[rescue] Tape drive woes
alaric at caerllewys.net
Tue Sep 14 16:58:57 CDT 2004
On Tue, Sep 14, 2004 at 02:49:24PM -0700, Sheldon T. Hall wrote:
> Phil Stracchino says ...
> > NanoMarket estimates that
> > by 2011, the various naoscale memory technologies (*most* of which are
> > fast, non-volatile and radiation-hard, by the way), will own
> > 40% of the current *combined* RAM and disk market.
> I wonder if computing machinery and operating systems will get redesigned to
> take advantage of this. If all your storage (and video display) is just one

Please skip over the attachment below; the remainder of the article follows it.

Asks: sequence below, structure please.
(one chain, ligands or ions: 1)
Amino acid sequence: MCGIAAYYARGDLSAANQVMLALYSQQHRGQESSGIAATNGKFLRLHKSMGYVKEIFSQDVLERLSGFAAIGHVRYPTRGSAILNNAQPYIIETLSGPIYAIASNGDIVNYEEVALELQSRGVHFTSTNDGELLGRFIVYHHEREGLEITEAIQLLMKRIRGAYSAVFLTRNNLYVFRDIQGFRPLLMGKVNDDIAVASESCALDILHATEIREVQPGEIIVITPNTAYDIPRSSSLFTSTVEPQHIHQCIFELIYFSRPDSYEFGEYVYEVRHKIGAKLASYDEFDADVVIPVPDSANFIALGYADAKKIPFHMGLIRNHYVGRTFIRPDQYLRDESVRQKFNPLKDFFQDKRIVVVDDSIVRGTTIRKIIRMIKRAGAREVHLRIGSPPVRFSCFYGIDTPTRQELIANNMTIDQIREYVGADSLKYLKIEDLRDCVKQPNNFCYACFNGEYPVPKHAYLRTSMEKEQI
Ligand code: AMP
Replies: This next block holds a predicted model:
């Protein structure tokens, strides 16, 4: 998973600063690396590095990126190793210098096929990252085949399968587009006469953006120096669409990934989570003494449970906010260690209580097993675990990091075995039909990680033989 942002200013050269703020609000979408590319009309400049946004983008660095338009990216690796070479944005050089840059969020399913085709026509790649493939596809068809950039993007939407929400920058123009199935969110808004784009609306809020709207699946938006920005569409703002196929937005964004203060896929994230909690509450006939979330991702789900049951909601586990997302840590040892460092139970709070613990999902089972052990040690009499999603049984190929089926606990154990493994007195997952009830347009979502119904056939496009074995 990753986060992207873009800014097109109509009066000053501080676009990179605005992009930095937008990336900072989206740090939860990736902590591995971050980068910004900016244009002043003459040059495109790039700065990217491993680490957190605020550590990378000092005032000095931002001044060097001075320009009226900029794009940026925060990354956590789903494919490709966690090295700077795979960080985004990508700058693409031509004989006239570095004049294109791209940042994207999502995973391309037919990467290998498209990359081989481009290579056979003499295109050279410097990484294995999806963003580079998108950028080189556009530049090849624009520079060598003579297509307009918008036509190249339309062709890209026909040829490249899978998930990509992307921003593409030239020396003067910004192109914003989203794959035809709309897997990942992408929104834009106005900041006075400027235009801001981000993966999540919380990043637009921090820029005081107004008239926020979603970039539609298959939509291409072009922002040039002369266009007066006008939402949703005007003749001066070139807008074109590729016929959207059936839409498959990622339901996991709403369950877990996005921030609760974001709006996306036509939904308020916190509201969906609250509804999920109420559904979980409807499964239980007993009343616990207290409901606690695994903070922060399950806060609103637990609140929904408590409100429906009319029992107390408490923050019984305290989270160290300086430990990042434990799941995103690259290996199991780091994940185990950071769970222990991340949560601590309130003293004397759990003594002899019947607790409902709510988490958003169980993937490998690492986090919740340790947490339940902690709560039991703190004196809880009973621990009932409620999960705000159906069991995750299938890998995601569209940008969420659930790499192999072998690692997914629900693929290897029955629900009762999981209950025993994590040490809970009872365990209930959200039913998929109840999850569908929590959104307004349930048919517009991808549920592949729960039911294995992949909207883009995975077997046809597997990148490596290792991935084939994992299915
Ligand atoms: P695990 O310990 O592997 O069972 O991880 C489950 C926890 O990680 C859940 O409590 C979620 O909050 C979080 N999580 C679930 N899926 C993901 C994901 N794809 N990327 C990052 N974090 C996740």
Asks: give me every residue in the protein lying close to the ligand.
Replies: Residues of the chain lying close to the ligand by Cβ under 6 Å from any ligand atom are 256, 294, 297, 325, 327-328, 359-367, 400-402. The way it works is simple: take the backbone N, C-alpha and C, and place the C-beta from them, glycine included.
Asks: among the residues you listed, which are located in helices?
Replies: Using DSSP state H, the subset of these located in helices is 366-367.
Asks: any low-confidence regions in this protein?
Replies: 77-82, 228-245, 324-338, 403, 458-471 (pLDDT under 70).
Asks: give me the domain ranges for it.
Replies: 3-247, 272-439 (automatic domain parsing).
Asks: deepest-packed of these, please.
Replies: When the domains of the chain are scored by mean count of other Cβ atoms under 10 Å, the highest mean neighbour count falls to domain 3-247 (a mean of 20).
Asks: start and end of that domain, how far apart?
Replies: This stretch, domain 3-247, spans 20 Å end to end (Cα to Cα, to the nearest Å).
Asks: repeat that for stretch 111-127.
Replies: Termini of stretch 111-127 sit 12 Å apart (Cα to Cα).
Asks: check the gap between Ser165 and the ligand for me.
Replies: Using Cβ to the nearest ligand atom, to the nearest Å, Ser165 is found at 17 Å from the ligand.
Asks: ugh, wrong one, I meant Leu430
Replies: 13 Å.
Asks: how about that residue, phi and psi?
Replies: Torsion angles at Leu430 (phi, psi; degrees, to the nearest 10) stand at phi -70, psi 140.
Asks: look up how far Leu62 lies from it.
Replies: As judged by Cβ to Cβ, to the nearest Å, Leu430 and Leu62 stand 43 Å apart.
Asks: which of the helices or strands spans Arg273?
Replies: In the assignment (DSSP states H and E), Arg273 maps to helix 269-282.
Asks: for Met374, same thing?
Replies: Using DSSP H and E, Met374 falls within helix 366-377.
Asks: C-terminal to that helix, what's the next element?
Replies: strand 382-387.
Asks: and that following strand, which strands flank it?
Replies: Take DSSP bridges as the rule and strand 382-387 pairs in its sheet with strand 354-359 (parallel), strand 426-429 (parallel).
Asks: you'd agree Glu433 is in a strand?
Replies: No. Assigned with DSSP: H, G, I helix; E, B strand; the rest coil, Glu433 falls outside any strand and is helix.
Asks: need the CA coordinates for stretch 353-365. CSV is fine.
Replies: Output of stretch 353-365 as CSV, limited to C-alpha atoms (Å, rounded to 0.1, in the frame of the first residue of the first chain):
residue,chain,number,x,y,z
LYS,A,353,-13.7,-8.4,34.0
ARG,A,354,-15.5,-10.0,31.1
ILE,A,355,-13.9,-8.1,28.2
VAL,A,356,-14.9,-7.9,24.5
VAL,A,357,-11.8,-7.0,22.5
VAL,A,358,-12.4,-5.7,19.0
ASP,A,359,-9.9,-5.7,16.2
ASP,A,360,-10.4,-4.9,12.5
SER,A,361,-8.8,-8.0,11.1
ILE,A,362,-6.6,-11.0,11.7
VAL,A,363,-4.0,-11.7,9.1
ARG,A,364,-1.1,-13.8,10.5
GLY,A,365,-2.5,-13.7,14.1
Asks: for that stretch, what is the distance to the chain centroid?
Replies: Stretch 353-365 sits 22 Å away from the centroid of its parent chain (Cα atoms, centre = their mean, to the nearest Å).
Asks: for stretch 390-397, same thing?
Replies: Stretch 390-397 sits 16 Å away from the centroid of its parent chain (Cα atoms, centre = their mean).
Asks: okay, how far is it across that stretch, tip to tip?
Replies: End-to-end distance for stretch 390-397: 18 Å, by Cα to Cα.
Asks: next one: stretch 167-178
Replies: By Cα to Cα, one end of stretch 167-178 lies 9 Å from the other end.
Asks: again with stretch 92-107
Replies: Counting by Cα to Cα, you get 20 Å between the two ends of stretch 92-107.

> huge block of memory, a lot of the current complexity can just go away. I
> predict interesting times.
Yup, I've had the same thought many times. I've seen this coming for
quite a while now. It's going to bring about a lot of changes. For one
thing, non-volatility will mean that a machine can be instant-on,
instant-off, at any time, in any state; and the absence of moving parts
will mean that dense storage can be put in places you can't put it now
because of mechanical shock and vibration. It'll also enable complete
systems to be built in exceedingly thin form-factors.
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